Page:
From the Globe and Mail:
FRANCES BULA AND MARSHA LEDERMAN
The closing of Vancouver’s Waldorf Hotel – which went from working-class hangout to a key city arts hub two years ago – spawned an online memorial Wednesday over the city’s inability to preserve interesting cultural spaces in the face of rampant condo development.
Dismayed responses from City Hall, major city artists and random patrons swirled on the Internet after the hotel’s young operators announced they would have to close their doors Jan. 20 because the hotel has been sold to the Solterra Group of Companies, a boutique condo developer.
Mayor Gregor Robertson, who issued a statement but did not give any interviews, said: “The Waldorf closing is a big loss to Vancouver’s growing creative community … [The] city is exploring ways to support the Waldorf continuing as one of Vancouver’s most unique and vibrant cultural spaces.”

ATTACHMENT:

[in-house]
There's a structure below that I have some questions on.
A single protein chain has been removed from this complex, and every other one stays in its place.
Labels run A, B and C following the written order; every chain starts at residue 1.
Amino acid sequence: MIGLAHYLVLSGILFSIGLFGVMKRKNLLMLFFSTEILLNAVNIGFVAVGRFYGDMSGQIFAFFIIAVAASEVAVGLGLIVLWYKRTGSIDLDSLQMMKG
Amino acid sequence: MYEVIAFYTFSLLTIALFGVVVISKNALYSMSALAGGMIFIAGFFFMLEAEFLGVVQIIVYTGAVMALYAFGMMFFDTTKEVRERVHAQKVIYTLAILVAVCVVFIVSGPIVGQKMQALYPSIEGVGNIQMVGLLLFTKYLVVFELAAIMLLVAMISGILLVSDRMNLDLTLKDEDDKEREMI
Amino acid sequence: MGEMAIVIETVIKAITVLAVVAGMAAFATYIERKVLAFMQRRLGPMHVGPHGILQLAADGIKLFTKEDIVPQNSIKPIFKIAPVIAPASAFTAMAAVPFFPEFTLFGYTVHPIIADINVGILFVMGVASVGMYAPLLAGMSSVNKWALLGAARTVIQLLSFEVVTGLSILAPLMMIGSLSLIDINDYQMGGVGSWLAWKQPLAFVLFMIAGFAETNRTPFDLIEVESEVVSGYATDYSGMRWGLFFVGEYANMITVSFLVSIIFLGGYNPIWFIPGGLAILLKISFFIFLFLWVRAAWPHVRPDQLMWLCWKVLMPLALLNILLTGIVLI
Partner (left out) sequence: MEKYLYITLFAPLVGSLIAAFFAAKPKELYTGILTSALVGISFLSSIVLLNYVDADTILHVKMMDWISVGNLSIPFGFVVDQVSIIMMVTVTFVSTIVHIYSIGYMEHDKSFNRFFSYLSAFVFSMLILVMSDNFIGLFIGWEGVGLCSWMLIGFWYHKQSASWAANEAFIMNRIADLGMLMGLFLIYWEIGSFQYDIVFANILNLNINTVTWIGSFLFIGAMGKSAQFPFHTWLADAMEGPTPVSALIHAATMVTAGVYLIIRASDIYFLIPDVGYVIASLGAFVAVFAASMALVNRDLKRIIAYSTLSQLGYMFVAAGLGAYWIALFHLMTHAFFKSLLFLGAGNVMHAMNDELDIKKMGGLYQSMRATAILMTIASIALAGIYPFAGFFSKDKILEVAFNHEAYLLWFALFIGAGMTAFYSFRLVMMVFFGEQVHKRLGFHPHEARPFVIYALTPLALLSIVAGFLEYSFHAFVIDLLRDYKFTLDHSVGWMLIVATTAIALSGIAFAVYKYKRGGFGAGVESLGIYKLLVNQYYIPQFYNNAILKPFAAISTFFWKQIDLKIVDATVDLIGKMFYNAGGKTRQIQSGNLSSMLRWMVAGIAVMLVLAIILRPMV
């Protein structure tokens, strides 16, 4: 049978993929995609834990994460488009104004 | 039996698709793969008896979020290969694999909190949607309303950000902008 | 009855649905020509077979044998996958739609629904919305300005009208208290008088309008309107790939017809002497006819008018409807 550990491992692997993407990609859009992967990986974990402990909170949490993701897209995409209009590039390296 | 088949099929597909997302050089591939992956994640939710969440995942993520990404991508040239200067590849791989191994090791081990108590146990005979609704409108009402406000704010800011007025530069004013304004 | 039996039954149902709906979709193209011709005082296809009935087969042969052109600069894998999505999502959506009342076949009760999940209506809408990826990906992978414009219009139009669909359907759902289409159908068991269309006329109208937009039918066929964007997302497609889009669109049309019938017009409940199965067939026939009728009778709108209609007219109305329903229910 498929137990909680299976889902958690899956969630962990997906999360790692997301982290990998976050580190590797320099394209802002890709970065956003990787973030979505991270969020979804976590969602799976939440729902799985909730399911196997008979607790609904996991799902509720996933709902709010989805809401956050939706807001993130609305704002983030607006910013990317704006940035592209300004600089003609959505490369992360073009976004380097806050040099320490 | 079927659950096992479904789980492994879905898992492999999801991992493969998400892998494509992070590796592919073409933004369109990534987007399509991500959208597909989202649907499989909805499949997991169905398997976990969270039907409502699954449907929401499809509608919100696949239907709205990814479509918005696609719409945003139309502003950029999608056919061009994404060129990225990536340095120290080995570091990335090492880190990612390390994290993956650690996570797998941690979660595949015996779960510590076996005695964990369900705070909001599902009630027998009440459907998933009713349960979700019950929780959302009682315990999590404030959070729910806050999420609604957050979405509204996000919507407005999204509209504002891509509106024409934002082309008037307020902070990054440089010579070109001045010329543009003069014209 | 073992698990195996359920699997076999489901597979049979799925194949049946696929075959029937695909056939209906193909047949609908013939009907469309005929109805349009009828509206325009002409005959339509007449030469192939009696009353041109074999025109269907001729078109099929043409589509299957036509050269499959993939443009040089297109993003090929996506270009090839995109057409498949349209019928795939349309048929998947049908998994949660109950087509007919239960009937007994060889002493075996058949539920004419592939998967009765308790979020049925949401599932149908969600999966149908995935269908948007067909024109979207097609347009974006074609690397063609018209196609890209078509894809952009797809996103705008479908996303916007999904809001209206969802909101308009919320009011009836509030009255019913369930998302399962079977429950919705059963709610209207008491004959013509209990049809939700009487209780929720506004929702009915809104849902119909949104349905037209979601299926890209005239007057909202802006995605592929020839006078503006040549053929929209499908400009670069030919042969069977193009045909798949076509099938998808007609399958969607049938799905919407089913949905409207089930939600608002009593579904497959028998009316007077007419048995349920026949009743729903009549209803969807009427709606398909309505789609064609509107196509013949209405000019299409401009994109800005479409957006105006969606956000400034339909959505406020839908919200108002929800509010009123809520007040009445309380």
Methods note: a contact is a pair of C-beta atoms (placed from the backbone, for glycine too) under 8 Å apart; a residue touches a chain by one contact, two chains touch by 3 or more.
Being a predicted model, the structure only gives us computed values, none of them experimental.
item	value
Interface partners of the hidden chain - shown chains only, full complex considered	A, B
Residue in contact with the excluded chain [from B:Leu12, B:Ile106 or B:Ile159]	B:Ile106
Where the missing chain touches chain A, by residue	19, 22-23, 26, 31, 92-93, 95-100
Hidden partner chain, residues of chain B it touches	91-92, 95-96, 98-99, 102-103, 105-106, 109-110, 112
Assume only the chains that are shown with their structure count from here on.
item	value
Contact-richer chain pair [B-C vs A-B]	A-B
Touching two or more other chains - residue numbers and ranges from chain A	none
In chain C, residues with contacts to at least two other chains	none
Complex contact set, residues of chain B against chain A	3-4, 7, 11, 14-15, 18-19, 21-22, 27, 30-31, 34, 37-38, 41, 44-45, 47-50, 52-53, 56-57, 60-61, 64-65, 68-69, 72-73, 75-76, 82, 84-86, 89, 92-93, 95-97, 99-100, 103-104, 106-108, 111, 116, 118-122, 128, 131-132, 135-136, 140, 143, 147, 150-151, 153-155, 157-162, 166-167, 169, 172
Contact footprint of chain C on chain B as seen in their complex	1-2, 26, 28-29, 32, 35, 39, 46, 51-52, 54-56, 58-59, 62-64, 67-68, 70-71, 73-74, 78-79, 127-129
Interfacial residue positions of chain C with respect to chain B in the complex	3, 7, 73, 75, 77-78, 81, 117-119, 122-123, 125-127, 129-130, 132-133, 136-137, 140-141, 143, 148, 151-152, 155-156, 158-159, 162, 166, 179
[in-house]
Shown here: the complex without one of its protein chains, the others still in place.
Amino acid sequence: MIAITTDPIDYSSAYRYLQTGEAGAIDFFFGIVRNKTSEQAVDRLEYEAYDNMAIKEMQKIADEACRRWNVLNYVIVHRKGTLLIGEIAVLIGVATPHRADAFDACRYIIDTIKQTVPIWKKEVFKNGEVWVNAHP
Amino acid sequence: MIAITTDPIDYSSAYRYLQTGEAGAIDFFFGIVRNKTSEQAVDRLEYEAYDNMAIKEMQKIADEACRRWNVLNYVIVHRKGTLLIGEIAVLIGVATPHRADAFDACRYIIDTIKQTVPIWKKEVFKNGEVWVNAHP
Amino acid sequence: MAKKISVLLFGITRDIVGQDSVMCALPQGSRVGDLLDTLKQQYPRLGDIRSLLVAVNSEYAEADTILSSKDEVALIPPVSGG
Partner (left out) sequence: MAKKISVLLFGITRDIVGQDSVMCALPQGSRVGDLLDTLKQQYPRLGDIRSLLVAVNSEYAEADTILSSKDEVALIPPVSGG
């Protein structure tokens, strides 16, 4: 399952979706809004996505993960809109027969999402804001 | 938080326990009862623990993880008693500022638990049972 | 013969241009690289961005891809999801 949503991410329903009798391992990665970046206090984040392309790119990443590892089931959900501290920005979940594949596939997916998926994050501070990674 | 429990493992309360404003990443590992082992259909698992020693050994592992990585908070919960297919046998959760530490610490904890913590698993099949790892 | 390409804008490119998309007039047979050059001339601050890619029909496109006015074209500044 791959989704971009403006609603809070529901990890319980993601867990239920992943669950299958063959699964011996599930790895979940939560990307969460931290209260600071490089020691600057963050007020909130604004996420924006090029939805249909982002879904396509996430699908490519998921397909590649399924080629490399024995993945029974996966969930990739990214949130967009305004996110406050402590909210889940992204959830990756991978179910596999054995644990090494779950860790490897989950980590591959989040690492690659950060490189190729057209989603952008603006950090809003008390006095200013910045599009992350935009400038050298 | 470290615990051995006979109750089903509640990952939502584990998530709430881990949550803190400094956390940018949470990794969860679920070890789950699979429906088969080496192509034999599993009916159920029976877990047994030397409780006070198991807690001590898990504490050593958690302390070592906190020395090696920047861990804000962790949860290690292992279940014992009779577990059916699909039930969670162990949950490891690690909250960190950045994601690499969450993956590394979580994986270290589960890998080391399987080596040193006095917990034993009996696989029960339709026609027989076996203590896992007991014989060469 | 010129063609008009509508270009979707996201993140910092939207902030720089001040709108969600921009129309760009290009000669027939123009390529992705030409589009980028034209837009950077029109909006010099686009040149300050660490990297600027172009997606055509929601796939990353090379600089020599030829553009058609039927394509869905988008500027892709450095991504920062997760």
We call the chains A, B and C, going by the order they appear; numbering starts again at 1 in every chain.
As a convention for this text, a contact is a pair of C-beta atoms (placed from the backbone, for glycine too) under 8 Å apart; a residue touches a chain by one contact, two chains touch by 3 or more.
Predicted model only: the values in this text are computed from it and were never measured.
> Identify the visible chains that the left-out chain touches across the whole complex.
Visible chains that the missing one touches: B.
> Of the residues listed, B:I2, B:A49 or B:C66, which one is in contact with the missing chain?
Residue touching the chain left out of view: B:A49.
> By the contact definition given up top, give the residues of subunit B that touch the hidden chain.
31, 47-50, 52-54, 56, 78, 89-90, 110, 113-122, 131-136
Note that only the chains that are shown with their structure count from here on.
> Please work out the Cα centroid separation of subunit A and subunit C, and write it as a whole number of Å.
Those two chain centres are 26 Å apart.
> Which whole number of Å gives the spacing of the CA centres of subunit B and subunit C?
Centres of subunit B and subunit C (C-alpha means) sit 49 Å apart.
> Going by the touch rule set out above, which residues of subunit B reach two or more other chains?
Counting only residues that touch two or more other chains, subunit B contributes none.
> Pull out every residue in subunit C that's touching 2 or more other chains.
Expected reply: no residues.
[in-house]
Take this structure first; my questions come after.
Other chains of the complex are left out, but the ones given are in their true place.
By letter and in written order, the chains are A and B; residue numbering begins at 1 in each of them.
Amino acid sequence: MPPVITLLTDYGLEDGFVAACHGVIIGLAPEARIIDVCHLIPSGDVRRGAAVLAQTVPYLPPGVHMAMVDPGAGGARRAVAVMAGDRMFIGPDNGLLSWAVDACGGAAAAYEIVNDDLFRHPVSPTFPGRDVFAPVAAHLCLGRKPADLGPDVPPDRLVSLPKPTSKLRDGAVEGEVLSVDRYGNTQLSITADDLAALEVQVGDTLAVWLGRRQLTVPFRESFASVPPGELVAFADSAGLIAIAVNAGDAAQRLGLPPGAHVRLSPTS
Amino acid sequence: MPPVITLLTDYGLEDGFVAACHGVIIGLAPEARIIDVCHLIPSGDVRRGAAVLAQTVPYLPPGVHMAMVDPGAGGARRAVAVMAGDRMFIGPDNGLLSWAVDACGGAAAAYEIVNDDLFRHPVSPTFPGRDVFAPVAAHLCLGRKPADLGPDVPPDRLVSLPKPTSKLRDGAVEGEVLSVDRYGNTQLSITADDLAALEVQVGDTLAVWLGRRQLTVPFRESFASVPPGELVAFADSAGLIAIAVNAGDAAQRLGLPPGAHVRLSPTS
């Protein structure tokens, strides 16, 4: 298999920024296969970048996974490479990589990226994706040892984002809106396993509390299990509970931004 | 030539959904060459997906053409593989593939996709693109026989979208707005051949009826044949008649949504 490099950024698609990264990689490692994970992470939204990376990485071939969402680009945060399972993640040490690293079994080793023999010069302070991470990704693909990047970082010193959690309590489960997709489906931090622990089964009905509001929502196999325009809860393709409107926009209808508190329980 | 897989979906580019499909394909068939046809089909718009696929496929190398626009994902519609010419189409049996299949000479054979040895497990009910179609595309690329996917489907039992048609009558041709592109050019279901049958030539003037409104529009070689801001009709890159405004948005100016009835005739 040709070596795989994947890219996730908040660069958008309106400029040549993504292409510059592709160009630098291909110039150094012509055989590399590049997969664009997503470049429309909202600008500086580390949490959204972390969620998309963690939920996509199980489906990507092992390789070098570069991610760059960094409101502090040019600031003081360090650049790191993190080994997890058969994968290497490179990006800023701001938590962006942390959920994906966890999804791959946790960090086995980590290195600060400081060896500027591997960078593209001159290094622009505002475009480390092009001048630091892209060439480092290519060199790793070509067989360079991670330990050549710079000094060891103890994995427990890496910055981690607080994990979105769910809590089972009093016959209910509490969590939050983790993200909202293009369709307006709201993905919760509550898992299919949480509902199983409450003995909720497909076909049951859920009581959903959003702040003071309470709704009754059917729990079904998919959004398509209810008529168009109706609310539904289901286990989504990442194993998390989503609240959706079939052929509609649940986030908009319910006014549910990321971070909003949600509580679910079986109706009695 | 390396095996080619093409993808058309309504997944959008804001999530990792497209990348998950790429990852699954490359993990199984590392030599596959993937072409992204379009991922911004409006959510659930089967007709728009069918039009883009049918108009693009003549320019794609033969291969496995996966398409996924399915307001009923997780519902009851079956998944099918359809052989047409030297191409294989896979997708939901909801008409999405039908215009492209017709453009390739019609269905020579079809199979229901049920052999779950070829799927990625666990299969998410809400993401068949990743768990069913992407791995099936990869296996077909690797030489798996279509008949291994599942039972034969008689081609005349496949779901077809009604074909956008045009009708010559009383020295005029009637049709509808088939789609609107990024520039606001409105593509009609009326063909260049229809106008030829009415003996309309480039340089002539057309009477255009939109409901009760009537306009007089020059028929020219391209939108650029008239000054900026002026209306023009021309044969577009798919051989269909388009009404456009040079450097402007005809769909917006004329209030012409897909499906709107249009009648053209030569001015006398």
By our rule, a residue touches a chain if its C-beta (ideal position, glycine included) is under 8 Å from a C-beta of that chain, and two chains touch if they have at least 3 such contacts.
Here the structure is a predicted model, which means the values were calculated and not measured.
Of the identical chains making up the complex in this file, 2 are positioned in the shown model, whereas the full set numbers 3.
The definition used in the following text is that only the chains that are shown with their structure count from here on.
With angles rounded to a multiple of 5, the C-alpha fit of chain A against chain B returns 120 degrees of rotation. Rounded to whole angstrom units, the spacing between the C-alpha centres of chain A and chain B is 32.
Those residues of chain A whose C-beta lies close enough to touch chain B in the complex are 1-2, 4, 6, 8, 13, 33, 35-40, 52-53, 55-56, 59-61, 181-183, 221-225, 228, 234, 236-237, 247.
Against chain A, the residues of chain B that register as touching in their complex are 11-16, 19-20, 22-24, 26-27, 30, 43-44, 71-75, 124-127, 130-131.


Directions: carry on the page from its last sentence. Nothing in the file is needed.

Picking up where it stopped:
The 1947 hotel is not on the city’s heritage register, but the land is zoned industrial, which gives the city considerable bargaining power with any developer who comes in wanting a rezoning to build condos.
The modernist-style hotel, with a restored Tiki lounge, two nightclubs and a restaurant, had generated an eclectic mix of activities since it opened in October of 2010, operating almost like a giant arts community centre.
There were concerts by local performers such as Grimes, Black Mountain and the Japandroids, other shows by leading arts figures such as Douglas Coupland and photographer Rodney Graham, a gallery, food-truck festivals, arts-group gatherings and more.
The hotel operators’ news release commented bitterly on the fact they had helped create the conditions for developer interest.
“The irony that the Waldorf was taken over by a condo developer in the very area we helped reinvigorate is obvious to anyone,” entertainment director Thomas Anselmi said in the release. The other hotel operators are Ernesto Gomez, Daniel Sazio and Scott Cohen.
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